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Staunch critic of Russia resumes grain purchases

Lithuania suspended regular imports from the country in May 2023

Lithuania has resumed purchasing grain from Russia after a lengthy hiatus, importing more than 12,000 metric tons in February, worth around $2 million, RIA Novosti reported on Wednesday, citing statistical data.

The former Soviet nation, one of Russia’s most vocal critics, had stopped regular grain imports from its neighbor in May 2023, receiving its last delivery in July.

Nevertheless, in March 2024, Lithuania, along with Latvia, Estonia, Poland and the Czech Republic, urged the European Commission to impose a full ban on grain imports from Russia and Belarus due to the Ukraine conflict.

Statistics show that Latvia has also increased imports of Russian grain, purchasing 58,800 tons in February compared to 52,600 tons the previous month.

Riga has been one of the most outspoken advocates of imposing EU-wide sanctions on Russian grain. This, however, has not stopped Latvia from increasing its agricultural imports from Russia by almost 40% year-on-year in the first quarter of 2024.

In February, Latvia imposed a unilateral ban on food imports from Russia and Belarus, becoming the first EU state to introduce such an embargo, while Lithuania announced that it would subject cargo to strict inspection.

Despite this, the EU countries in February collectively purchased 92,600 tons of Russian grain, worth almost €17 million.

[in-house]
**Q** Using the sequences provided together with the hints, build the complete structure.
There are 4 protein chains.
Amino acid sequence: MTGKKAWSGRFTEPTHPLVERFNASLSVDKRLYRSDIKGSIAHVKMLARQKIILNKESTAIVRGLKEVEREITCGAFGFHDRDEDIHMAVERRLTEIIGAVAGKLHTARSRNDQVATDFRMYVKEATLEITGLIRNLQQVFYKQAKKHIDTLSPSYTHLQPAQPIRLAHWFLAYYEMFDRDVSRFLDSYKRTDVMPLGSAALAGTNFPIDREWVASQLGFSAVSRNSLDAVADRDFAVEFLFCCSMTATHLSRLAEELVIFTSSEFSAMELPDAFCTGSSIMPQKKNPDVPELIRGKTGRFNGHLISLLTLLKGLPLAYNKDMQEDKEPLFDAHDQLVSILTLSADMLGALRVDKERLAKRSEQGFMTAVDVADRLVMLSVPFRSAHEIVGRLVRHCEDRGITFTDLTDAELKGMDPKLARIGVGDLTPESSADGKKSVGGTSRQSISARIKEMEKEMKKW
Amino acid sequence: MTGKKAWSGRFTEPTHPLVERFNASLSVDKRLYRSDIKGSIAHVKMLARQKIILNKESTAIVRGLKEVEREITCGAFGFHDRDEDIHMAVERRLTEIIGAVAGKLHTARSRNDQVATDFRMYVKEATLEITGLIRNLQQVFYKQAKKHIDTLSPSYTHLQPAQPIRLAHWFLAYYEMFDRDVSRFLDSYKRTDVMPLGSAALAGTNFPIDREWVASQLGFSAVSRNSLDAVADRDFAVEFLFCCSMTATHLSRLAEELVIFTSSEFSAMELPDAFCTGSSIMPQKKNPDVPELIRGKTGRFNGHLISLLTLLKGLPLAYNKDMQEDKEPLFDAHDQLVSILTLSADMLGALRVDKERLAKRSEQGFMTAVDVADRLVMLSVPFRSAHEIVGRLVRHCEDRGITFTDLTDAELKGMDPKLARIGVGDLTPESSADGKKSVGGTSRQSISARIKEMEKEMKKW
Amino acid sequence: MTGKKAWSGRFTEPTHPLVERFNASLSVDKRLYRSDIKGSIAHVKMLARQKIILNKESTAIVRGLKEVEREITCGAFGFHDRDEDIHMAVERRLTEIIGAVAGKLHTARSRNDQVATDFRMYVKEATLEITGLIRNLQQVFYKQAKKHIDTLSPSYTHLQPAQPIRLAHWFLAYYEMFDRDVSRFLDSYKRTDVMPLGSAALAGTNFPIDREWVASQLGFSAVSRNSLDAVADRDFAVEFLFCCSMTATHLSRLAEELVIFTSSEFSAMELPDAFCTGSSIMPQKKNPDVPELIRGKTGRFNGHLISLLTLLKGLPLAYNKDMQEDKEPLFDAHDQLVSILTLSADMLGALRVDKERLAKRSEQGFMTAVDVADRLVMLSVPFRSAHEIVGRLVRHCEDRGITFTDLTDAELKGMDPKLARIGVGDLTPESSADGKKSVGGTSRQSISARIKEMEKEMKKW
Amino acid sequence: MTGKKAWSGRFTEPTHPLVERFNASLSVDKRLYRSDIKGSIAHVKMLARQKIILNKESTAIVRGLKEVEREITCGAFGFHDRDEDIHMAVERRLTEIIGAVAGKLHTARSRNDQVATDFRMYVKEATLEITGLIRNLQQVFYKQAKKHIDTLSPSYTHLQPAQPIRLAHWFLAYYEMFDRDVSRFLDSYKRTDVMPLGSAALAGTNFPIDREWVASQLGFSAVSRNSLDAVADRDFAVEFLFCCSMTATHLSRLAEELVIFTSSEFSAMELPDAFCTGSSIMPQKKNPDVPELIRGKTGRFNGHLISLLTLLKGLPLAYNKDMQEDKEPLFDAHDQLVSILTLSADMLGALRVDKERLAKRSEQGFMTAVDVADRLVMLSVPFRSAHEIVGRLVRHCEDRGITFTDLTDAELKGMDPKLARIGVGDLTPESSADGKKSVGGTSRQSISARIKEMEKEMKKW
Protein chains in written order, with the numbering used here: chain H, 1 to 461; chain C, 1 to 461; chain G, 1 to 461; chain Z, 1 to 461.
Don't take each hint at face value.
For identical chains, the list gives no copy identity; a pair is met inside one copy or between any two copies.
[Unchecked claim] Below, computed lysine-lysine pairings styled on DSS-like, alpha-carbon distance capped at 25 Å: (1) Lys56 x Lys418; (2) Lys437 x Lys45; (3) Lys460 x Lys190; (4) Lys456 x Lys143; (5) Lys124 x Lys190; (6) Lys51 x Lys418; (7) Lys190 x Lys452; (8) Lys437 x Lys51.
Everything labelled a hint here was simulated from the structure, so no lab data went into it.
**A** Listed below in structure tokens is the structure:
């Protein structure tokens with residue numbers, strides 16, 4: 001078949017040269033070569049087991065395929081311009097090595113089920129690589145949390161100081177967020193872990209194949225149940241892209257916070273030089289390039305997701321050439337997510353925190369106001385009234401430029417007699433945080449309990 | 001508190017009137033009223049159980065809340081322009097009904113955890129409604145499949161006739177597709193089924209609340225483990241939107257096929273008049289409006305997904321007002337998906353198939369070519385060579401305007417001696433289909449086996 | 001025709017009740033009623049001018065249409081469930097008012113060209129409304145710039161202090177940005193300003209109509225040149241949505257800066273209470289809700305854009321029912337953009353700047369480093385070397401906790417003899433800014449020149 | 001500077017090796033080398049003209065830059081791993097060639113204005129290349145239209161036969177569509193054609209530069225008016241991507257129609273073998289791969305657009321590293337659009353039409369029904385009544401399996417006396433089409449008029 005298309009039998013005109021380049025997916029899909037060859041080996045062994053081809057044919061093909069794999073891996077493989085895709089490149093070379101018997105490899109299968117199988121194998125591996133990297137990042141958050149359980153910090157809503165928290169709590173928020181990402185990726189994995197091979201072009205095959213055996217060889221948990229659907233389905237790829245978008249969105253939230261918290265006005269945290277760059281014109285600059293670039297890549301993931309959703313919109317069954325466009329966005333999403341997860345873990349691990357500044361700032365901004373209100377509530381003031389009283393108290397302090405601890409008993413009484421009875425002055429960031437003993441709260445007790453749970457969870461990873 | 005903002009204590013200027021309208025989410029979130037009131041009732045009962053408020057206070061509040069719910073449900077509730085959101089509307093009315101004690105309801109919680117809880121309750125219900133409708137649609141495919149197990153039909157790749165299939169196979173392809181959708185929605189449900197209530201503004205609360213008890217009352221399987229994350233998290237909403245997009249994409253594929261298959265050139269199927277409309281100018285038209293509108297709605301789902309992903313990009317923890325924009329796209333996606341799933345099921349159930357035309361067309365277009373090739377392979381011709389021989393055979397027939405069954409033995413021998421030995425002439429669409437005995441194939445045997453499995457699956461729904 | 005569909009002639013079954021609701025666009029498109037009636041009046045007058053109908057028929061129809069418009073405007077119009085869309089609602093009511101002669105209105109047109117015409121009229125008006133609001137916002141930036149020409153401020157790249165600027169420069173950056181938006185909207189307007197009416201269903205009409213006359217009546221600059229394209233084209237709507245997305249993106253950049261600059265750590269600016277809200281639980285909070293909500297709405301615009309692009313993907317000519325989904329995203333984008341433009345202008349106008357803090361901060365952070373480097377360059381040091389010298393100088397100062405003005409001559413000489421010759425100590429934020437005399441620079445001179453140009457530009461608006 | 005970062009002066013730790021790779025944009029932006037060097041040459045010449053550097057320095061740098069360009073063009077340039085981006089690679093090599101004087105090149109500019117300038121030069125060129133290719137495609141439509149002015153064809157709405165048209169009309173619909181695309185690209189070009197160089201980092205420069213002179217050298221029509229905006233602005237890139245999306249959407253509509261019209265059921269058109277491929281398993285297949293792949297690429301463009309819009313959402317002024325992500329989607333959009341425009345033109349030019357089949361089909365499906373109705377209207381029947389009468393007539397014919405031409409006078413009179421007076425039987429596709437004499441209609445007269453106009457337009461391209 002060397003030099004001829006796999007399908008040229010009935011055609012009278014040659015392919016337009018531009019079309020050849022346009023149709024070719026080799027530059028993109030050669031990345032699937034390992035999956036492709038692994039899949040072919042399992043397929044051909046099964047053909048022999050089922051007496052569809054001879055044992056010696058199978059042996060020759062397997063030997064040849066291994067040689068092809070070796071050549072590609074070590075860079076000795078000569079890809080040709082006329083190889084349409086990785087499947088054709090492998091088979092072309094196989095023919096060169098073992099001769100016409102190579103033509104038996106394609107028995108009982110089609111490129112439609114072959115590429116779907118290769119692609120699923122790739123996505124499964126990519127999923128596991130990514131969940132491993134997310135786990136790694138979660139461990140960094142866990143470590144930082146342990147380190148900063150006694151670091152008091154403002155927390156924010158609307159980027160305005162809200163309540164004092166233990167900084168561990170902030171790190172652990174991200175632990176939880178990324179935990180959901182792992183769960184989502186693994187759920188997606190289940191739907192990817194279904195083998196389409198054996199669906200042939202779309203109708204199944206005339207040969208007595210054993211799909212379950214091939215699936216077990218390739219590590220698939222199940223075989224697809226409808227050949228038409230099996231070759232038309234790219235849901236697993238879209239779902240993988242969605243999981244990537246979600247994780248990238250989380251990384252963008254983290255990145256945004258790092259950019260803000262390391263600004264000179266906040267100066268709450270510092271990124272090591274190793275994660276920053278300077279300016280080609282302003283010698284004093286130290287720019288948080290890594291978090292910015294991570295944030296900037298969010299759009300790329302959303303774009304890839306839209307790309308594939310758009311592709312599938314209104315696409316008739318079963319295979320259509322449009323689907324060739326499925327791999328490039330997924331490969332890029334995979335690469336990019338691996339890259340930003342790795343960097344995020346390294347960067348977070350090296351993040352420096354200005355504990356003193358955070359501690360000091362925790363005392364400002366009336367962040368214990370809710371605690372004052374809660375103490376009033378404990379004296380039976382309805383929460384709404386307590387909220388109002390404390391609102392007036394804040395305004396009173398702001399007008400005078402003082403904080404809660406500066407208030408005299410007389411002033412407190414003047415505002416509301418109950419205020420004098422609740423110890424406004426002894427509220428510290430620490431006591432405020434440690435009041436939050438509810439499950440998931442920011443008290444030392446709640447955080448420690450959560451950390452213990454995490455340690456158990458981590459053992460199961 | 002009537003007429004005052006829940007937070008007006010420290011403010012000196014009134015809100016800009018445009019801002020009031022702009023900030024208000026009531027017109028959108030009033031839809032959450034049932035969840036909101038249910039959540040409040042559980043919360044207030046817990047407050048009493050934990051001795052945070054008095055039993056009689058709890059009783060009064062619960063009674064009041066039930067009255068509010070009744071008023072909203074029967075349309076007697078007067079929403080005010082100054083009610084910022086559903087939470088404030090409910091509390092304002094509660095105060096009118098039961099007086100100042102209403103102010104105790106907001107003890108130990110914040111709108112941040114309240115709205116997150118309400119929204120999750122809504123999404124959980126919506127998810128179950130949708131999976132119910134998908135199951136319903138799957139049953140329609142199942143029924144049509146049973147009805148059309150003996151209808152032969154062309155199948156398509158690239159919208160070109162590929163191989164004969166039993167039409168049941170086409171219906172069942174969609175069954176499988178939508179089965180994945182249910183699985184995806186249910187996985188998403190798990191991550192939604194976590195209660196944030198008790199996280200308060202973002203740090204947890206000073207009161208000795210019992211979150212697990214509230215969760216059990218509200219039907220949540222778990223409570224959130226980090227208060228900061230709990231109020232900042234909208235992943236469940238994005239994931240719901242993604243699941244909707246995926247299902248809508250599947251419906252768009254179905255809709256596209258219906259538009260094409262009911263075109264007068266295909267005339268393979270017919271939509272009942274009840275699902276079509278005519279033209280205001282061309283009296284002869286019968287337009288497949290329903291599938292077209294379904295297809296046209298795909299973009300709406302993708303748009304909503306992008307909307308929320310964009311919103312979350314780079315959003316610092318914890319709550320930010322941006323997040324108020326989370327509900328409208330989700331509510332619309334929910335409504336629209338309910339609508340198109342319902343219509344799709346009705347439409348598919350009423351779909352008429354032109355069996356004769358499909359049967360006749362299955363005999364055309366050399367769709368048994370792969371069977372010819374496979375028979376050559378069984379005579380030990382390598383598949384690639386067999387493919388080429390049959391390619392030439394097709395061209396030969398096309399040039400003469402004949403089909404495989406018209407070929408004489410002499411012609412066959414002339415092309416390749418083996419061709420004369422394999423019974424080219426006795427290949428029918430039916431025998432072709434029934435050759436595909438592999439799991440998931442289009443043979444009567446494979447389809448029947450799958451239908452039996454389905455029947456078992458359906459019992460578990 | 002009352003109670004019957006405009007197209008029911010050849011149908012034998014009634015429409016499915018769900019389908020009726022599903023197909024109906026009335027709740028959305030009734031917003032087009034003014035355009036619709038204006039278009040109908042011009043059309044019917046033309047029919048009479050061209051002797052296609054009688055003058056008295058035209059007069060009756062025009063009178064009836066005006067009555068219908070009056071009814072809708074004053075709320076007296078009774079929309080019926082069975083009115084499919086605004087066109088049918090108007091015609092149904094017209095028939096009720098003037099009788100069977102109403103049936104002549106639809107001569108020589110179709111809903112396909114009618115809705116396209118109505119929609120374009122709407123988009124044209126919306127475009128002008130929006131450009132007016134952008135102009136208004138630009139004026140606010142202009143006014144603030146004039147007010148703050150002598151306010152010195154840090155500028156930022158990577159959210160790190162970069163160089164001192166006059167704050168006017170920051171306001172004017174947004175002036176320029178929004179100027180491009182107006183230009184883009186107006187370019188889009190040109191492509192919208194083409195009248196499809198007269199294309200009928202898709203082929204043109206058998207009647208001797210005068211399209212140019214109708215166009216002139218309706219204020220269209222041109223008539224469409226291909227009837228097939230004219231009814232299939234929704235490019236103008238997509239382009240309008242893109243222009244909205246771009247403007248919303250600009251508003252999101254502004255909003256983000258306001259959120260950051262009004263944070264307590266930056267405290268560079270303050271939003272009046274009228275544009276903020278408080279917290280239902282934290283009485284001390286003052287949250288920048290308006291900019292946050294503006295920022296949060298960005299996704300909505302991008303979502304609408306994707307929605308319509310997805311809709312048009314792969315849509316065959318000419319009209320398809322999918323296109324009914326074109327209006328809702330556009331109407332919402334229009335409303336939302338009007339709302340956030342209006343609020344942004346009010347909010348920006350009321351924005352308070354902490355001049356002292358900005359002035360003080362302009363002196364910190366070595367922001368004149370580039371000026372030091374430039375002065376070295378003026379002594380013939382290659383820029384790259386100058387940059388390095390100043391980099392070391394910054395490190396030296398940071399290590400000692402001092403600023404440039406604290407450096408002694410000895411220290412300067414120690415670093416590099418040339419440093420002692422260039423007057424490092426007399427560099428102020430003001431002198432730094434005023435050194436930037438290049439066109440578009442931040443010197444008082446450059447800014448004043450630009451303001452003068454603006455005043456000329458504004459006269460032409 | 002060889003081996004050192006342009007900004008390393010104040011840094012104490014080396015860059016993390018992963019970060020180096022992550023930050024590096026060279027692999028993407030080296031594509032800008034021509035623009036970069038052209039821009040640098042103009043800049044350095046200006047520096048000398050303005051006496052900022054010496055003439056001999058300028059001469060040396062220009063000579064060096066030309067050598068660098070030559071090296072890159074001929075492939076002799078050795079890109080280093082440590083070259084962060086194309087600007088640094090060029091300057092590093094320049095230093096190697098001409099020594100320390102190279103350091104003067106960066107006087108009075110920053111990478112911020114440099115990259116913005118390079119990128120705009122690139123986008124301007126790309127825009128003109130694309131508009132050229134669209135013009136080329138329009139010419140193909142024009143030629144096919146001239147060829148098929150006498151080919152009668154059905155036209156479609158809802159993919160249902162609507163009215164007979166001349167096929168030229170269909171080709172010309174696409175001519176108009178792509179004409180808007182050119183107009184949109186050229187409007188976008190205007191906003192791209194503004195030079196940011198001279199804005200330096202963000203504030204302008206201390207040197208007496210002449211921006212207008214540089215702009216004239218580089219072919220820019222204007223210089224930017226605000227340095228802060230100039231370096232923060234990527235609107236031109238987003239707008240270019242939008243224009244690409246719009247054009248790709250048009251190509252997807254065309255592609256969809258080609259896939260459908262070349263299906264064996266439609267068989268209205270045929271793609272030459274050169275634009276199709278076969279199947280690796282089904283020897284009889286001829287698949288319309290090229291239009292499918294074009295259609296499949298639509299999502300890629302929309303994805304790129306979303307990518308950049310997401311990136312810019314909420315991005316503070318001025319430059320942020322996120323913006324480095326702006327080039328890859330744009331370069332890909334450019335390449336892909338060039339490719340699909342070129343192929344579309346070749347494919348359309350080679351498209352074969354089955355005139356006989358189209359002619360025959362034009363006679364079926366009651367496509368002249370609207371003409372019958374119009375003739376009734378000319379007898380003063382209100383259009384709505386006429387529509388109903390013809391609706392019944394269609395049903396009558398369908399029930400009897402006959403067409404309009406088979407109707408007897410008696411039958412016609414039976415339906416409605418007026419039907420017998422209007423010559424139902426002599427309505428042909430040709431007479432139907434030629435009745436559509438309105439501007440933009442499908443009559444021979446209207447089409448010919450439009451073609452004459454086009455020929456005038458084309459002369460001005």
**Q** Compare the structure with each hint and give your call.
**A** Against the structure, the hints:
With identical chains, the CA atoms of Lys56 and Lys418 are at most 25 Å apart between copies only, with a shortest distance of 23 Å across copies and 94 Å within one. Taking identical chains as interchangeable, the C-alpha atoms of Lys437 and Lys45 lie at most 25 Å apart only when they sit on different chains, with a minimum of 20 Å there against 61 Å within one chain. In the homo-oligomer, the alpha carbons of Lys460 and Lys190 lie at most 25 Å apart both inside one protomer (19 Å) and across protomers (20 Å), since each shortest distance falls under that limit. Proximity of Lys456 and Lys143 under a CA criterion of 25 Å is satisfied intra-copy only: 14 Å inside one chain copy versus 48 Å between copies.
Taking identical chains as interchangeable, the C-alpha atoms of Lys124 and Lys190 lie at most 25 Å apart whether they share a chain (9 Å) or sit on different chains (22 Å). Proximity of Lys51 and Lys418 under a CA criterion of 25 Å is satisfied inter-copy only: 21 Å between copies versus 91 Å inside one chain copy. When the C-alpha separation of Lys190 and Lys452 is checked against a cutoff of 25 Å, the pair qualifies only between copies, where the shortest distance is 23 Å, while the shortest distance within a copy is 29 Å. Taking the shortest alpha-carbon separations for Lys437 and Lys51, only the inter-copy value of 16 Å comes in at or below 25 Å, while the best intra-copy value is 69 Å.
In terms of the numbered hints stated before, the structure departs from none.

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FILE PHOTO: Agricultural workers operate combines in the fields of Rostselmash company during wheat harvesting outside the village of Bolshaya Neklinovka, in the Rostov region, Russia.
EU preparing tariffs on Russian grain – FT

Media outlets reported last month that the European Union was preparing to impose tariffs of up to 50% on grain imports from Russia and Belarus, under pressure from protesting farmers and several member states.

Brussels has long resisted pressure from Poland and the Baltic states to restrict agricultural imports from Russia and Belarus, arguing that such a move could disrupt global food markets and hurt developing nations.

Russia is one of the world’s largest exporters of grain, feed and fertilizer. While these commodities have not been outright sanctioned by the US and its allies on account of the Ukraine conflict, their transport by sea has been made more difficult by sanctions on commercial shipping.

April 17, 2024 at 11:42PM

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